Nothing feels quite like getting your first pay. It’s a marker of your first taste of financial independence! While you’re looking forward to that first salary, you’re probably also making a list of goodies you’re just dying to buy. It could be that Daniel Wellington watch or a new pair of heels, you name it. Having some spending power feels amazing but that also means having a new responsibility.
Before you let the thrill of your first salary get to your head, it’s probably a good idea to inculcate some good financial habits. Here are a few simple ways to manage your finance right from the get-go as you kickstart your career:
Set a budget and stick to it
Setting a budget isn’t the difficult part. Sticking to it is. A smart way to budget is to categorise items you spend on and set aside a fraction of your income for each of them. For instance, it’s probably quite difficult to cut off spending at the cinemas altogether if you’re a movie junkie. A better approach is to put a cap on how much you spend for each category.
If you’re not sure how to start, perhaps you can take note of some common categories most would spend on: savings, transport, dining, groceries and leisure. Budgeting doesn’t mean you can’t go out and have fun. The whole purpose of budgeting is to make sure you spend responsibly and to spend within your means.
Track your expenditure
The key to tracking your expenses is to key it in once you’ve made a transaction. This habit goes hand-in-hand with sticking to your budget. After all, it’s important to know how much you’ve spent on a category of goods/services so you don’t overspend. Tracking your expenditure will take some self-discipline but with lots of helpful free apps available, tracking your spending is a breeze.
Wally, Pocket Guard, Wallet, Dollarbird, are some of the free apps you can use on iOS and Android smartphones.
Save before you spend
A key reason why many of us overspend is that we don’t put aside our savings first thing after getting our pay for the month. Putting it off eats into your savings and at the end of the month, you’ll often wonder where all that money went.
A great way to save is to save in a separate account. Transfer a percentage of your income at the start of the month to an account meant for savings. Better still, make it an automated transfer so you won’t make excuses or forget!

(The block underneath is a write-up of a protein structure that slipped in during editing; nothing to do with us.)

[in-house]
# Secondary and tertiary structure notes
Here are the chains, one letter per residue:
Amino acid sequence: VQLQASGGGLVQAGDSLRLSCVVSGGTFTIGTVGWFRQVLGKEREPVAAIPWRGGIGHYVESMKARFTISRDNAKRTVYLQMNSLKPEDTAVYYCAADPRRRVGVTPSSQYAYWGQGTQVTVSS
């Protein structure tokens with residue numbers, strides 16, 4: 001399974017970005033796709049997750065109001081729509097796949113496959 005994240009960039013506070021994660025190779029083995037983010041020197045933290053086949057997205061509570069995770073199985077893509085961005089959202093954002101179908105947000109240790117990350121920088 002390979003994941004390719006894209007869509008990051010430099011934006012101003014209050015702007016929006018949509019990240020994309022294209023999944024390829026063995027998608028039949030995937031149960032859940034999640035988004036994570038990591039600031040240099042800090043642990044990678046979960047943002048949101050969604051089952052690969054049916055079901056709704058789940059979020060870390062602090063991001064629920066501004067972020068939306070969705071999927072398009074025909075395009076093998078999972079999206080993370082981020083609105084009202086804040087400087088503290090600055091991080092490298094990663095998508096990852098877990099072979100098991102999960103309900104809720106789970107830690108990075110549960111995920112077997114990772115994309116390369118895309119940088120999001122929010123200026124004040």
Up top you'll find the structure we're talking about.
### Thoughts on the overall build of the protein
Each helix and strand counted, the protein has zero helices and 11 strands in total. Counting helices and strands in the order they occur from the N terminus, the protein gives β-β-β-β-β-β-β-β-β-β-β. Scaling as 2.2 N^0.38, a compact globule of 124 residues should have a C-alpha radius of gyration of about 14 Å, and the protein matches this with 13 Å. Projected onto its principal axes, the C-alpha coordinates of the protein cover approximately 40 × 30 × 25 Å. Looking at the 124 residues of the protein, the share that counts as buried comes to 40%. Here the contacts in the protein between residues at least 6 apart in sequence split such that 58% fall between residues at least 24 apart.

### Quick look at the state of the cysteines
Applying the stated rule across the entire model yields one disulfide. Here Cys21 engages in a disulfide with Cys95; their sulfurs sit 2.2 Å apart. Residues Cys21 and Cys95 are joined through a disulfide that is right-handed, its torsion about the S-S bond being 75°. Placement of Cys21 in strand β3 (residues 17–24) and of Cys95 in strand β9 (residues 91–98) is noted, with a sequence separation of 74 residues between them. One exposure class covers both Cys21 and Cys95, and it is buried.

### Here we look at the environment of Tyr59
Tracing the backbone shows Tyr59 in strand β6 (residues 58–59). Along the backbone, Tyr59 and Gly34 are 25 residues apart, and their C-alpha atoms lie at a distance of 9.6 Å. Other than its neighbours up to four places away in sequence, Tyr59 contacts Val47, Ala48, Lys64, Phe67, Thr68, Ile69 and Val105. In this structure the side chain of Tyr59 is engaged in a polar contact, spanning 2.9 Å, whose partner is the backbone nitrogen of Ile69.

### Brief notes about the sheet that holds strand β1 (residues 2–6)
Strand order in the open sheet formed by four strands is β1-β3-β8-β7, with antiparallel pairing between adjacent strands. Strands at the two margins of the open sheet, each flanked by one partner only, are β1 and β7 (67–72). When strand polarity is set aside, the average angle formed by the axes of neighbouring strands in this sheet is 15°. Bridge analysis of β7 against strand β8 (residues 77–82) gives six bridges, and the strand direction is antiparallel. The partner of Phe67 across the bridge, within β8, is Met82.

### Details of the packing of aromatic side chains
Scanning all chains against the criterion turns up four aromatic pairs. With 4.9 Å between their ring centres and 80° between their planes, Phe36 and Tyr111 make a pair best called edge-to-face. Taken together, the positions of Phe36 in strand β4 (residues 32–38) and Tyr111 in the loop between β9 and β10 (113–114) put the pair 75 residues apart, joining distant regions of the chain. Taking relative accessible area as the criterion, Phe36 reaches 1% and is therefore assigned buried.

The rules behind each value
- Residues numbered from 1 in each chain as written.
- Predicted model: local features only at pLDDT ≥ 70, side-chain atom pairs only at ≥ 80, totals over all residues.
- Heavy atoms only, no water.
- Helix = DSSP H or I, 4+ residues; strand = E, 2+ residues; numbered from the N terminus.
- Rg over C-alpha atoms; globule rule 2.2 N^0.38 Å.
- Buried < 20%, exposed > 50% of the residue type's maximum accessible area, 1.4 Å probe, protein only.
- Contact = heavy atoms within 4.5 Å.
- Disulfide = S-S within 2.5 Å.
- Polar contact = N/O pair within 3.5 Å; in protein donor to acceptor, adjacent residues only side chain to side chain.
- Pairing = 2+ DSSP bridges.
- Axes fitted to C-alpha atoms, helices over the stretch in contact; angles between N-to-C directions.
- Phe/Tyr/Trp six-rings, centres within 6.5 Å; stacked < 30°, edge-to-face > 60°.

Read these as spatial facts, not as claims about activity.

Start an emergency fund
On top of having some funds saved, you should also consider putting aside an amount for emergencies. This amount should be able to cover your basic living expenses for half a year. Emergencies could come in different forms - hospitalisation, getting laid off from your job, etc. You never know what to expect and it’s always wise to be financially prepared for urgent situations.
Additionally, make sure emergency funds are for EMERGENCIES only. Never dip into these funds for any other reason!
Avoid credit card debts
The moment you start becoming a working adult is the moment you’ll be having conversations about getting credit cards with your peers. Credit cards are all good, as long as you don’t overspend and chalk up debt. Remember, your life will not be over if you can’t get that Prada bag right now. Never charge to your card what you can’t afford.
If you find that you’re already falling into the bad habit of overusing your credit card, you’ll need to find ways to keep that card out of your reach. Leave your card at home and use a debit card instead. Do whatever it takes to keep yourself from accumulating bad debt.
Review credit card transactions
It’s probably not the most exciting thing to do but making sure there are no erroneous transactions is important. No one wants to be charged for something they didn’t pay for. Additionally, reviewing your credit card transactions is also a fantastic way to make sure you’re spending within your means and not accumulating debt.
Starting off with the right financial habits will benefit you in the long run. You’ll learn to have self-discipline, manage resources wisely, and avoid lots of financial problems. While keeping to a budget might sound restrictive at first, you’ll find that staying away from debt and being in control of your finances is true financial freedom. With well-planned finances, you’ll probably be able to accumulate a decent amount of excess funds which you can eventually use to start investing!